6th April 2022 was the date of the change in legislation that has brought in the “no fault” divorce.
This means that couples wanting to divorce can now do so without the former minimum two years separation clause.
A change of this magnitude is probably the biggest change in 50 years. There are fears that it could lead to an increase in couples divorcing.
Isn’t this a good thing?
The concern I have is from a financial point. As the system becomes easier, the financial arrangement talks could become harder and more unfair.
Financial arrangements I have seen in the past often favour one person more than the other. If one party is stronger willed or more confident, I can see even more people losing out on an entitlement.
There is now the added concern I have that individuals with a “no fault” divorce may decide to sort matters themselves to save money.
This, for many, will be a false saving and for the reason given above, could lead to one person receiving less than their fair share.
How can it be made fairer?
Splitting assets should seldom be 50/50 in my opinion, especially if one party has stayed at home or worked part-time to bring up a family, while the other has forged a career with future enhanced benefits.
I am not a divorce lawyer, and neither do I offer family legal advice, but I do offer financial advice and my involvement has led to enhanced pay-outs for my clients.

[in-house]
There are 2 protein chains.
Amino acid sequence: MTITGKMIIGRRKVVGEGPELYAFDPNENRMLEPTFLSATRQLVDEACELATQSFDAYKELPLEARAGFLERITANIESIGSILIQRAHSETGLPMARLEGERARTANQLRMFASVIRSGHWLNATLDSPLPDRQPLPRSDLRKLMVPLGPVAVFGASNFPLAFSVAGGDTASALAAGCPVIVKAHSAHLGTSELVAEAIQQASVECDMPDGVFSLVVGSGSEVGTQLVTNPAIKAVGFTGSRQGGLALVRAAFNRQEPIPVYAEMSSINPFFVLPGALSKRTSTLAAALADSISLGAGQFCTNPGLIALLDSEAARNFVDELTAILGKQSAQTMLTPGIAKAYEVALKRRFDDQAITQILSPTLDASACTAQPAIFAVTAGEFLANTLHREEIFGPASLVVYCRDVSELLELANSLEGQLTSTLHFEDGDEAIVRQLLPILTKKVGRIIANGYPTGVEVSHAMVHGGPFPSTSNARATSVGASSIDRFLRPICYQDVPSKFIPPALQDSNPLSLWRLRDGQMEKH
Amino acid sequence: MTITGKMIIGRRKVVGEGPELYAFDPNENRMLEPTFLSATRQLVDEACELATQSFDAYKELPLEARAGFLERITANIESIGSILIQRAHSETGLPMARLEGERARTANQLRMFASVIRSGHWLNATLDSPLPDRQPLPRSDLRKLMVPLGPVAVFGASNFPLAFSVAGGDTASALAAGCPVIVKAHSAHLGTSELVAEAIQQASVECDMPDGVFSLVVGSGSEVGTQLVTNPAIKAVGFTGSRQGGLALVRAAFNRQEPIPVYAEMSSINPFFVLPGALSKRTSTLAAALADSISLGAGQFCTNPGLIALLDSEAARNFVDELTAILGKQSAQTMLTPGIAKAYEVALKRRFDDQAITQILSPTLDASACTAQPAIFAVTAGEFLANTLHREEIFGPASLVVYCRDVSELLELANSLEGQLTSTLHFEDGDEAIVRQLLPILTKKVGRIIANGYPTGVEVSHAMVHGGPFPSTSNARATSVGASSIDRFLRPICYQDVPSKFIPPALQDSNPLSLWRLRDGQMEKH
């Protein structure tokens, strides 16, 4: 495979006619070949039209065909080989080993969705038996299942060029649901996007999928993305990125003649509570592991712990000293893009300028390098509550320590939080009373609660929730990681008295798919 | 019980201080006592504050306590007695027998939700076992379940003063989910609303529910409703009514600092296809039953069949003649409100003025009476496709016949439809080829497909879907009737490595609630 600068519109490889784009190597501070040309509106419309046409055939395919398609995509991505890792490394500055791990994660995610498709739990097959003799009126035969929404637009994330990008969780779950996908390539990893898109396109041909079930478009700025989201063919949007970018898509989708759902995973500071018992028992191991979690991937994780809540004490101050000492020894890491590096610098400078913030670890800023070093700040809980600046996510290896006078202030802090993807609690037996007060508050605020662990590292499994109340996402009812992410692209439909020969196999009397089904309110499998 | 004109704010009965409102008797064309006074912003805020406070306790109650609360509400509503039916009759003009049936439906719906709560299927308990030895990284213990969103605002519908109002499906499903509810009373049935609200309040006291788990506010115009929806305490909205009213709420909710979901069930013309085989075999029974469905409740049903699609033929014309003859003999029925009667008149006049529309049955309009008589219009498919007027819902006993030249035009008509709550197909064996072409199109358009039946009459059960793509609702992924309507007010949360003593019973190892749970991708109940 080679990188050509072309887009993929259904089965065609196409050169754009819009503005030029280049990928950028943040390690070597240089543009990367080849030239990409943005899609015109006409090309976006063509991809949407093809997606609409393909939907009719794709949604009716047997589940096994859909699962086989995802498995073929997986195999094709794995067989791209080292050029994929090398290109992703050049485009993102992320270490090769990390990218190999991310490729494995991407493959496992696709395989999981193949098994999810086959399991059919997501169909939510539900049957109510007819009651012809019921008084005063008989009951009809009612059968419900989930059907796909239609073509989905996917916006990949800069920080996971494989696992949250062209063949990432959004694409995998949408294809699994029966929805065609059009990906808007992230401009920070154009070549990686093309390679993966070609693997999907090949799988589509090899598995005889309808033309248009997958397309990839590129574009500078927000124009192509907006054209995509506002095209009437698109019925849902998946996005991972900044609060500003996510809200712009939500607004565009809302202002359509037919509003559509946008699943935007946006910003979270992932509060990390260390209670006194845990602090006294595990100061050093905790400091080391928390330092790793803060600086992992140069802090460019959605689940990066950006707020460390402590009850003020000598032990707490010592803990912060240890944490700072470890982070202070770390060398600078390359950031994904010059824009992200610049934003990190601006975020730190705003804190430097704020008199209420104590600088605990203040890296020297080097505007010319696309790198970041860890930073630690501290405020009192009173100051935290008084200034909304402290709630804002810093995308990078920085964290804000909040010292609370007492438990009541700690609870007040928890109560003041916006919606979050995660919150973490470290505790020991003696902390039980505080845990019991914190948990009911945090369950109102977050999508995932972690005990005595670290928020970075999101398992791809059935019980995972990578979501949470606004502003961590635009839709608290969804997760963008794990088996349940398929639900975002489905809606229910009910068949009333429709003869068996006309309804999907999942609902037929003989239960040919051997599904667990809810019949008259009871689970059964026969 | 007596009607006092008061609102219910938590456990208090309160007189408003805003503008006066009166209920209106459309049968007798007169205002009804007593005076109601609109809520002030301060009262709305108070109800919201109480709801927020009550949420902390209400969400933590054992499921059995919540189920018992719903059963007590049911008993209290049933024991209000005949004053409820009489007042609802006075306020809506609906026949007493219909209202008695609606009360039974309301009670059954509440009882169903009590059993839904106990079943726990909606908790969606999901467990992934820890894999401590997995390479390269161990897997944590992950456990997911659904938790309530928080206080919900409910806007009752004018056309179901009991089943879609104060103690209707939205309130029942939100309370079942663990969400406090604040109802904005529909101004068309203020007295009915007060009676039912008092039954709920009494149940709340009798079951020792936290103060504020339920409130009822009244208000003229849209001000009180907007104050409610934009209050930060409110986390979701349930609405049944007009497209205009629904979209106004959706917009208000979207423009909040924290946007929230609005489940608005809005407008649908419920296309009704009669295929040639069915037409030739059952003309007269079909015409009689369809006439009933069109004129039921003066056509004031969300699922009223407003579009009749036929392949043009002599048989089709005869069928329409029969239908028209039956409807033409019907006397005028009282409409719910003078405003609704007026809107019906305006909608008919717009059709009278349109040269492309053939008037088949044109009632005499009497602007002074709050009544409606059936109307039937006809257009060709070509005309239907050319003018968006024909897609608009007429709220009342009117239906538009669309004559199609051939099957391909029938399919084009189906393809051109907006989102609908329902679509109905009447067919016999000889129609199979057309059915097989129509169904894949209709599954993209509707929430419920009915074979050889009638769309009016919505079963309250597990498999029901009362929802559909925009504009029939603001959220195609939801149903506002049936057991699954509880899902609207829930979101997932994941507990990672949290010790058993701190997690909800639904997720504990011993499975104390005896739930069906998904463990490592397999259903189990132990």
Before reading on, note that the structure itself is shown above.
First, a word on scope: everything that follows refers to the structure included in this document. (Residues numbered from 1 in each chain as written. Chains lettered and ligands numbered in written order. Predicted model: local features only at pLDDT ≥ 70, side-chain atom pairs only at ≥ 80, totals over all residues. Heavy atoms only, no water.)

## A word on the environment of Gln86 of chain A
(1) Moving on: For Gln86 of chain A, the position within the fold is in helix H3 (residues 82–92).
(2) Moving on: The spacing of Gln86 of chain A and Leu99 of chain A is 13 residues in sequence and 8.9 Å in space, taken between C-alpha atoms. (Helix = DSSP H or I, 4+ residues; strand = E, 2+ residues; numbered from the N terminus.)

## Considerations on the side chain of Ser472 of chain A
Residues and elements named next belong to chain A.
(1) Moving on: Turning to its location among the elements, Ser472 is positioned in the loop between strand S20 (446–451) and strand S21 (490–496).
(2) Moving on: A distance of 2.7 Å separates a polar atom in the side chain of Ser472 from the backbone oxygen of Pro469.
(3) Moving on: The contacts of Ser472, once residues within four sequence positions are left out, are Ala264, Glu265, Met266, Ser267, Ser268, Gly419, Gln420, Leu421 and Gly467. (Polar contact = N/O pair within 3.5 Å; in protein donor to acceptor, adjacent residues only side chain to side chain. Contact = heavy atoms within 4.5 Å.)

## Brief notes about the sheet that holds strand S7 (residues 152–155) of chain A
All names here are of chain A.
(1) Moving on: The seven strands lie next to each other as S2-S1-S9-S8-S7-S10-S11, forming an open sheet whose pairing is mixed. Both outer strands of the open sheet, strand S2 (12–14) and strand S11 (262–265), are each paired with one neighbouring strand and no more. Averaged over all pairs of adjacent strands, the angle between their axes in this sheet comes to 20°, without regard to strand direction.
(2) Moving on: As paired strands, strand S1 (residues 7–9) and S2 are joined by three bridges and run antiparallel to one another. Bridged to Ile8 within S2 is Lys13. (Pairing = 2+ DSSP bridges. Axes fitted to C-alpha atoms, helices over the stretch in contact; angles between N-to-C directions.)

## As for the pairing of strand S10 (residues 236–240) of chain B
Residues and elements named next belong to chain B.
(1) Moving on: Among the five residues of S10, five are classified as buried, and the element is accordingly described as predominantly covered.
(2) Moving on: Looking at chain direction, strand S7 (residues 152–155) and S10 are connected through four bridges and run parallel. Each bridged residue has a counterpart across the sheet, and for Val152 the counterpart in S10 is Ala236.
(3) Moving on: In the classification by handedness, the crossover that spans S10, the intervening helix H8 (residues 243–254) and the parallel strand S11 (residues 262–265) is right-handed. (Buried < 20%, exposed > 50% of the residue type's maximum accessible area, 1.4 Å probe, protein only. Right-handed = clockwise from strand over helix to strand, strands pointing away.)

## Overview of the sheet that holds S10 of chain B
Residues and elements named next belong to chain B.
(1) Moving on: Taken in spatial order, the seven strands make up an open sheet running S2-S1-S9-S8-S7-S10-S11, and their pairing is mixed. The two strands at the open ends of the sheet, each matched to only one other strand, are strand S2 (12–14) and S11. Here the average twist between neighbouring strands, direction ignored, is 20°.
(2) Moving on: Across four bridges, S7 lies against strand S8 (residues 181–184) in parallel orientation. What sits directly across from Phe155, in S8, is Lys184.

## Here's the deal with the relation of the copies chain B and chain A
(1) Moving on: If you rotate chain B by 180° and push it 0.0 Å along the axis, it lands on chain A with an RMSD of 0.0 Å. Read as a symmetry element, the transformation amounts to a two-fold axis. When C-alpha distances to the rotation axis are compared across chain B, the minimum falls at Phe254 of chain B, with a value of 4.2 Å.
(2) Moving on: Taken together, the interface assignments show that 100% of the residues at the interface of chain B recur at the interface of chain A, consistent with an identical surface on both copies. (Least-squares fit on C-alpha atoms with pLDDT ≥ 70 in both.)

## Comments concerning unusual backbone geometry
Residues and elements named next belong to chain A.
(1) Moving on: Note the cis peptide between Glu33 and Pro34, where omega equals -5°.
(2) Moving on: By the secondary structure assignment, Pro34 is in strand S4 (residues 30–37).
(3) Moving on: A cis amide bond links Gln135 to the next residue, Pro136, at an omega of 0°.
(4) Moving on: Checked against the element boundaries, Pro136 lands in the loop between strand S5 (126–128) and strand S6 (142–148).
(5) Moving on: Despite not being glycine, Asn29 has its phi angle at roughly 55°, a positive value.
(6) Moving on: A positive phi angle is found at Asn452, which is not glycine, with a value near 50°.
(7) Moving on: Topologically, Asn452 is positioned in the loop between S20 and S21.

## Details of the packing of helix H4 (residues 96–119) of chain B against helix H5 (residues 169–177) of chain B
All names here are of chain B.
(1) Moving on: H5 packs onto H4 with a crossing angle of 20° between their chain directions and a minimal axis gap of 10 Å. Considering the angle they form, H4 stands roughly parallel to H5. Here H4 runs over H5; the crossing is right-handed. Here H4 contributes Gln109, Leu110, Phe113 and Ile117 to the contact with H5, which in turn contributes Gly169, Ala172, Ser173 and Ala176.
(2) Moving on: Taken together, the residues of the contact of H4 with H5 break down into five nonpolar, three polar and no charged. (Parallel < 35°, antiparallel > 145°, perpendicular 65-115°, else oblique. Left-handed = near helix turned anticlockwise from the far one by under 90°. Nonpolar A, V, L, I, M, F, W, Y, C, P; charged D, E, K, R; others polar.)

What can you do?
I am a firm believer in marriage and trying to make it work, but I do recognise the importance of extracting yourself from an unhappy relationship. I just don’t think you should be penalised because you or your solicitor have missed the bigger picture, so please feel free to contact me if you want advice.
PS. there is no charge for an initial chat.
Financial advice from a highly qualified and experienced adviser can be the difference between settling or splitting the finances fairly.
Contact our experts on 01480 869466 or email firstname.lastname@example.org to see how we can help you.
Coping with the Rising Cost of Living in 2022
We are now about a third of the way into 2022 and inflation has just hit 7%, interest rates are 0.75%; petrol is £1.68 and a lot of people have received notification of what the increases in their new utility bills are going to be, and have gone into panic mode.
It is not a good time if you are on a limited budget and savings will need to be made. This is sometimes a daunting thought but analysing your finances and seeing where the cut backs can be made will help, and you may surprise yourself with how much you can save on unnecessary expenditures.
The older generation, in which I include myself, will remember when mortgage interest rates hit 15% and a £50,000 mortgage cost £640 per month. We did not have Netflix or Sky and people gave up smoking and we had no food banks – we simply went without. I say this, not as a badge of honour, but from living it first-hand. I can tell you from personal experience, hiding from the milkman until pay day and never having a spare few quid was not nice, but we cut back everywhere we could.
As Bob Dylan said “The times they are a changing” and just at the moment they are not changing for the better, so we have to ask ourselves how we ride the storm and make plans longer term.